Thursday, May 20, 2010
Norfolk Naval Shipyard Completes CVN 76's Planned Incremental Availability
May 20, 2010 - WASHINGTON (NNS) -- Norfolk Naval Shipyard successfully completed USS Ronald Reagan's (CVN 76) six-month Planned Incremental Availability May 19 at San Diego's Naval Air Station North Island (NASNI) under budget.
This project came in under budget and marked both Norfolk Naval Shipyard's (NNSY) largest off-site availability as well as the largest public sector work package ever performed on an aircraft carrier berthed at NASNI.
While NNSY was the project lead, its partners Puget Sound Naval Shipyard & Intermediate Maintenance Facility (PSNS & IMF), Southwest Regional Maintenance Center (SWRMC) and Northrop Grumman Shipbuilding (NGSB) also accomplished significant amounts of work.
"This project really encompassed the 'One Shipyard' concept," said Curt Hart, the Project Superintendent. "NNSY, PSNS & IMF, SWRMC, and NGSB worked hand-in-hand every day to achieve a common goal."
During peak manning, approximately 1,400 people worked the project each day. This included approximately 625 NNSY personnel, 165 PSNS & IMF employees, and 600 from SWRMC/NGSB.
A Lean Release Assessment using a combined NNSY/PSNS & IMF team was conducted in January 2010 to determine how well project management Lean initiatives were used to improve project processes and results on board Reagan. Results of the assessment were positive and the project team developed several best practices to share with other shipyards for future carrier availabilities.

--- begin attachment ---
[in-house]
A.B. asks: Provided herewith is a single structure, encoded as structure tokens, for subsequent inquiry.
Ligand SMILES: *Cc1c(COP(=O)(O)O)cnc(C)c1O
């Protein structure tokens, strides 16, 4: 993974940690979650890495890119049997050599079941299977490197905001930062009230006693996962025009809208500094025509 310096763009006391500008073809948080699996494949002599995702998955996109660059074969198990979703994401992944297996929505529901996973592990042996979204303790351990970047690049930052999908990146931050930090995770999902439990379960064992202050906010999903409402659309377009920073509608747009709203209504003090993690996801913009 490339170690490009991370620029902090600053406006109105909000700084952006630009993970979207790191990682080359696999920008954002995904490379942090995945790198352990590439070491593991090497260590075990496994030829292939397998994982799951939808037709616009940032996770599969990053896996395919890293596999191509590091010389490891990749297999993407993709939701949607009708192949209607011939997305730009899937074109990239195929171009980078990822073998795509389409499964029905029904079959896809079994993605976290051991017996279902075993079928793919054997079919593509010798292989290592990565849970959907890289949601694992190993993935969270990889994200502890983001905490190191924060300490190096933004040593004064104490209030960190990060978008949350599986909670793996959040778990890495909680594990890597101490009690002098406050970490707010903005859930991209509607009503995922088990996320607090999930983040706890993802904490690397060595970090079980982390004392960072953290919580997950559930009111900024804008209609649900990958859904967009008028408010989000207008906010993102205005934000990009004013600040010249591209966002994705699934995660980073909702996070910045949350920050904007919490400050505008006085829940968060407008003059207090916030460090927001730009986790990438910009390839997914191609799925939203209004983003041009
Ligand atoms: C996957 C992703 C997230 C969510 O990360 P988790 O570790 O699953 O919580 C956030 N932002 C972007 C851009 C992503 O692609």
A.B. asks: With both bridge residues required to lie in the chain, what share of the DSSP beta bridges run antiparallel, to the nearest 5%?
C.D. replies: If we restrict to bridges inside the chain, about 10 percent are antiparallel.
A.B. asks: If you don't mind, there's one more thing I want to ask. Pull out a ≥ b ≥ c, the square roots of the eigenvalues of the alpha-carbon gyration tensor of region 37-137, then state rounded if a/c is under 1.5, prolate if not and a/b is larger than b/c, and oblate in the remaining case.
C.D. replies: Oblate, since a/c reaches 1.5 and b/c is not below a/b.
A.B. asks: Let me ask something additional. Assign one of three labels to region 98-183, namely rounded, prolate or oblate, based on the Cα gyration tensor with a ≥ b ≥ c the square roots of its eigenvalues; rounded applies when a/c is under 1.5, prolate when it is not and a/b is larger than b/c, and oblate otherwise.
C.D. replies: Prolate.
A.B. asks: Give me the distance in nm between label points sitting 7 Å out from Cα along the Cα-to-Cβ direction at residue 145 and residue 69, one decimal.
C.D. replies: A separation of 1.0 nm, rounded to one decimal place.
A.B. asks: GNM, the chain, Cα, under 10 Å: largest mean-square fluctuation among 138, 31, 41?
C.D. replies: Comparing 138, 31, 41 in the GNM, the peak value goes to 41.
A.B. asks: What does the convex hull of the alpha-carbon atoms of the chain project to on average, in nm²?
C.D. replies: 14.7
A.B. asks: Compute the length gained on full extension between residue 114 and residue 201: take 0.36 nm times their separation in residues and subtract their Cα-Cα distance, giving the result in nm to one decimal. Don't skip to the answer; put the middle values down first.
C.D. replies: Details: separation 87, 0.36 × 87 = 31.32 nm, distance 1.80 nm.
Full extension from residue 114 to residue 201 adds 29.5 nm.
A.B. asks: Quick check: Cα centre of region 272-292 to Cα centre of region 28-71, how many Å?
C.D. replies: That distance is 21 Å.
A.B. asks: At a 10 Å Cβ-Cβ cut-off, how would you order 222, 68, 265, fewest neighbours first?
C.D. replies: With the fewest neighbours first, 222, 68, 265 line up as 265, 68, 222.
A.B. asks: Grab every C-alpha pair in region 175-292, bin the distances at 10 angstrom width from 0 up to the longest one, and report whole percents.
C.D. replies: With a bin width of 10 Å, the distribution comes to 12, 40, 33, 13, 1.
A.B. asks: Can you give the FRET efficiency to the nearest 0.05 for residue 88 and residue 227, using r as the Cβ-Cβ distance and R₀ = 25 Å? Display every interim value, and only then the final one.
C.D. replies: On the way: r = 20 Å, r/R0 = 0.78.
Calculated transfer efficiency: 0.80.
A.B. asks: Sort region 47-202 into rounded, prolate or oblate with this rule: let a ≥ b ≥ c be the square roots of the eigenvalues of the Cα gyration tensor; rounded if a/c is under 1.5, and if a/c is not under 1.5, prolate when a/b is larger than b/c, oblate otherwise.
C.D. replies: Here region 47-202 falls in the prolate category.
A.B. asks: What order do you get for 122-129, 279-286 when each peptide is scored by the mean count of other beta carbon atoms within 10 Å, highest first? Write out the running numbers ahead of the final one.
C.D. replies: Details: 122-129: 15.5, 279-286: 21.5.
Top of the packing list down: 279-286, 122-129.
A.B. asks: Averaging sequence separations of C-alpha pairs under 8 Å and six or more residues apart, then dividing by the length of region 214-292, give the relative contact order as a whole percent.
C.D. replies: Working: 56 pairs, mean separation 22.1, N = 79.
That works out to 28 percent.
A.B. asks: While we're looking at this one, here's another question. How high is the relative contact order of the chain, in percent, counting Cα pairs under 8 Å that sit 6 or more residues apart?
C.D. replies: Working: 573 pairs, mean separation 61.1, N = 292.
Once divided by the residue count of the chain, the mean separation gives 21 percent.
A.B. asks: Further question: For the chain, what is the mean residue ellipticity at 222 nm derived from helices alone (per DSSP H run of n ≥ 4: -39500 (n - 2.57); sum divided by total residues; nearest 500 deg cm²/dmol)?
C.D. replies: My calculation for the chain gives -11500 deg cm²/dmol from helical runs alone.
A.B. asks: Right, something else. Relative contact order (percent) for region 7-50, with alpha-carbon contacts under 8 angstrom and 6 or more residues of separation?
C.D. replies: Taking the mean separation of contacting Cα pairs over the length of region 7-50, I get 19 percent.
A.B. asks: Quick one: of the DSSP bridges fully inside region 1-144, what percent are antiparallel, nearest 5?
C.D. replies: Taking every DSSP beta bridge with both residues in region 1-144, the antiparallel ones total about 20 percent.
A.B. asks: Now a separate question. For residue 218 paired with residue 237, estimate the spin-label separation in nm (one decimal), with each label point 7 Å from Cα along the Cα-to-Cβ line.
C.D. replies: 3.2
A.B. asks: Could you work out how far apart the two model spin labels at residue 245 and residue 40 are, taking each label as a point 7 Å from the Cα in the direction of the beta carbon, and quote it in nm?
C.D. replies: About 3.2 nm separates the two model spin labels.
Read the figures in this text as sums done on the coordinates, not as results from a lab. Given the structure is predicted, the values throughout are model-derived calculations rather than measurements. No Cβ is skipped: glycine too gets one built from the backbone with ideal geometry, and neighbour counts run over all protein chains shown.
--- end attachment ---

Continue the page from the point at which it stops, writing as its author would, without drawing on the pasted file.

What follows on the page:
Under the 'One Shipyard' concept, the naval shipyards level the workload and mobilize the work force across the yards to best ready the fleet and stabilize a vital industrial base for America's defense. NAVSEA's four shipyards include NNSY in Portsmouth, Va.; Pearl Harbor Naval Shipyard and Intermediate Maintenance Facility (IMF) in Pearl Harbor, Hawaii; the Portsmouth Naval Shipyard in Kittery, Maine; and PSNS & IMF in Bremerton, Wash. Naval Shipyards perform logistic support and work in connection with ship construction, conversion, overhaul, repair, alternation, dry docking, outfitting, manufacturing research, re-development and test work.